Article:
Maurya Economy

The mainstay of the economy under the Mauryas was agriculture, though trade was becoming increasingly more important. It would seem that cultivators formed a majority of the population and taxes on agriculture were the main source of revenue. The Arthashastra lays great stress on increasing revenue potential by seeking new lands for cultivation. Peasant migrations from over-populated areas were to be encouraged. One of the Ashokan edicts speaks of the deportation of prisoners after the Kalinga war. These may have been used for establishing new settlements, but this seems to be the only instance of this kind. There is no confirmation from other sources of any such effort made by the state.

Land Ownership

An important issue is the question of the ownership of land. It is quite clear that no single type of land-ownership could prevail in an area as vast as the Mauryan empire. In some parts of the empire the gana sangha system with communal ownership continued. There are also references to state-owned lands called sita lands. These were worked on under the supervision of the superintendent of agriculture by either directly employing hired labourers or by leading out to individual cultivators. In the latter case a part of the produce had to be paid to the state. In addition to these were private owners of land who were required to pay taxes to the king. A small section of the Arthashastra refers to the sale of land. A category of land was auctioned and sold to those who bid for it. It would seem that village pastures were largely held by the entire community.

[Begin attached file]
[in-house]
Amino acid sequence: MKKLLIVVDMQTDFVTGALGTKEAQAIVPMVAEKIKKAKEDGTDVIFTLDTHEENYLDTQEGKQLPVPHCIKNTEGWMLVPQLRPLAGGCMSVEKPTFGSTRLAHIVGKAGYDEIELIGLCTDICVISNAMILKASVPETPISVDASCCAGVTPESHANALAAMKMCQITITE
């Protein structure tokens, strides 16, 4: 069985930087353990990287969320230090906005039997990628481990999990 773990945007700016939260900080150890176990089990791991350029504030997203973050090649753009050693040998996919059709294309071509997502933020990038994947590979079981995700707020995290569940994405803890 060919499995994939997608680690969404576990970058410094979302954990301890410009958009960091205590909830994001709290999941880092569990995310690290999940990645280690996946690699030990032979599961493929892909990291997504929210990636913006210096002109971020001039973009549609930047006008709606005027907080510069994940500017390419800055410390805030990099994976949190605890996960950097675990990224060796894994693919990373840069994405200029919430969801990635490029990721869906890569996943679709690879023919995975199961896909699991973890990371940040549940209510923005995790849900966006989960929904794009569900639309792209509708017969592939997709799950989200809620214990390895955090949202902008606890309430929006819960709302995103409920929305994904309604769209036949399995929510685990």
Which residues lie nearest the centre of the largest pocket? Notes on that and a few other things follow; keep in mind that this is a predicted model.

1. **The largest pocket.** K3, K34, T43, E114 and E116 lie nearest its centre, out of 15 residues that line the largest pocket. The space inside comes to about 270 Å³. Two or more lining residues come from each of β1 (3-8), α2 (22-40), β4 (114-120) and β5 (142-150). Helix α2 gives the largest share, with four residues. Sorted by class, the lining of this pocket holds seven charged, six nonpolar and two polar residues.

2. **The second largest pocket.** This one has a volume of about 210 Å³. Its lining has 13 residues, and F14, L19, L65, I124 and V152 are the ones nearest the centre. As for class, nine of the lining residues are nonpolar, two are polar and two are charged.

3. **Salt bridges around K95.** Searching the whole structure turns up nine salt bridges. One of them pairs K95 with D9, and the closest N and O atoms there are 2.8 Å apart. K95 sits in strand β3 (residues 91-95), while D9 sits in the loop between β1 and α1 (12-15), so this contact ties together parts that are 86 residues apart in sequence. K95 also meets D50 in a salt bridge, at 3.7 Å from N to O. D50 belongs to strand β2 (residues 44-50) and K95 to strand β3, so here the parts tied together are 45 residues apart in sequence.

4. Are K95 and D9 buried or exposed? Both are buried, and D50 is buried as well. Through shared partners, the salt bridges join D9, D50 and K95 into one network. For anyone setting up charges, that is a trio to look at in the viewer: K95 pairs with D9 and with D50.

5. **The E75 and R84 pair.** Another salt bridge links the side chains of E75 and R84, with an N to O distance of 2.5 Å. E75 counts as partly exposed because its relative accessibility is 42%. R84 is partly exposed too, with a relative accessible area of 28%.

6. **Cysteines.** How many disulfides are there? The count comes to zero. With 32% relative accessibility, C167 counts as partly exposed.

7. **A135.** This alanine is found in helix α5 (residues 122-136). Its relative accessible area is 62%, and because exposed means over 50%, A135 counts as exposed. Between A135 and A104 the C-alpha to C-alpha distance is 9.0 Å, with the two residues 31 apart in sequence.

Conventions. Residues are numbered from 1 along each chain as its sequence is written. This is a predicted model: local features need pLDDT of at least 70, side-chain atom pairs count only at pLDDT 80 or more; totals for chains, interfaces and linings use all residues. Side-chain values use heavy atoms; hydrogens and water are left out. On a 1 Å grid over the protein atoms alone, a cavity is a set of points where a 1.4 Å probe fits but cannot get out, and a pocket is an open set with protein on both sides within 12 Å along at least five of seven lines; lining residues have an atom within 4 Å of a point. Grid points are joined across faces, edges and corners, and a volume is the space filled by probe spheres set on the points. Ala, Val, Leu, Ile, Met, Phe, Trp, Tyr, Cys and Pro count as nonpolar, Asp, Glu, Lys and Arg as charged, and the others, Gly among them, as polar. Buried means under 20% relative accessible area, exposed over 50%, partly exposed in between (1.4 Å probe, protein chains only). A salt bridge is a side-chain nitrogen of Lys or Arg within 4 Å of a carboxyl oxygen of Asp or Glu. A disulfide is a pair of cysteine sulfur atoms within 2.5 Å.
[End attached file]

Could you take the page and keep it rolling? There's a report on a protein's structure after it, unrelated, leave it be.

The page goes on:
In the fertile Gangetic plain, a variety of taxes are mentioned. These include bali, shulka, etc. It is not clear how much the tax was as different sources give dissimilar figures. Megasthenes states that one-quarter of the produce had to be paid as tax. It is likely that this the figure in the fertile region around Pataliputra. Most Sanskrit texts, on the other hand lay down that not more than one-sixth of the produce could be claimed by the king. It is very unlikely that a uniform tax was levied over the entire area as the fertility of soil varied from region to region. In addition the Arthashastra states, that the amount of tax would also depend on the nature of irrigation facilities and would range from onefifth to one third.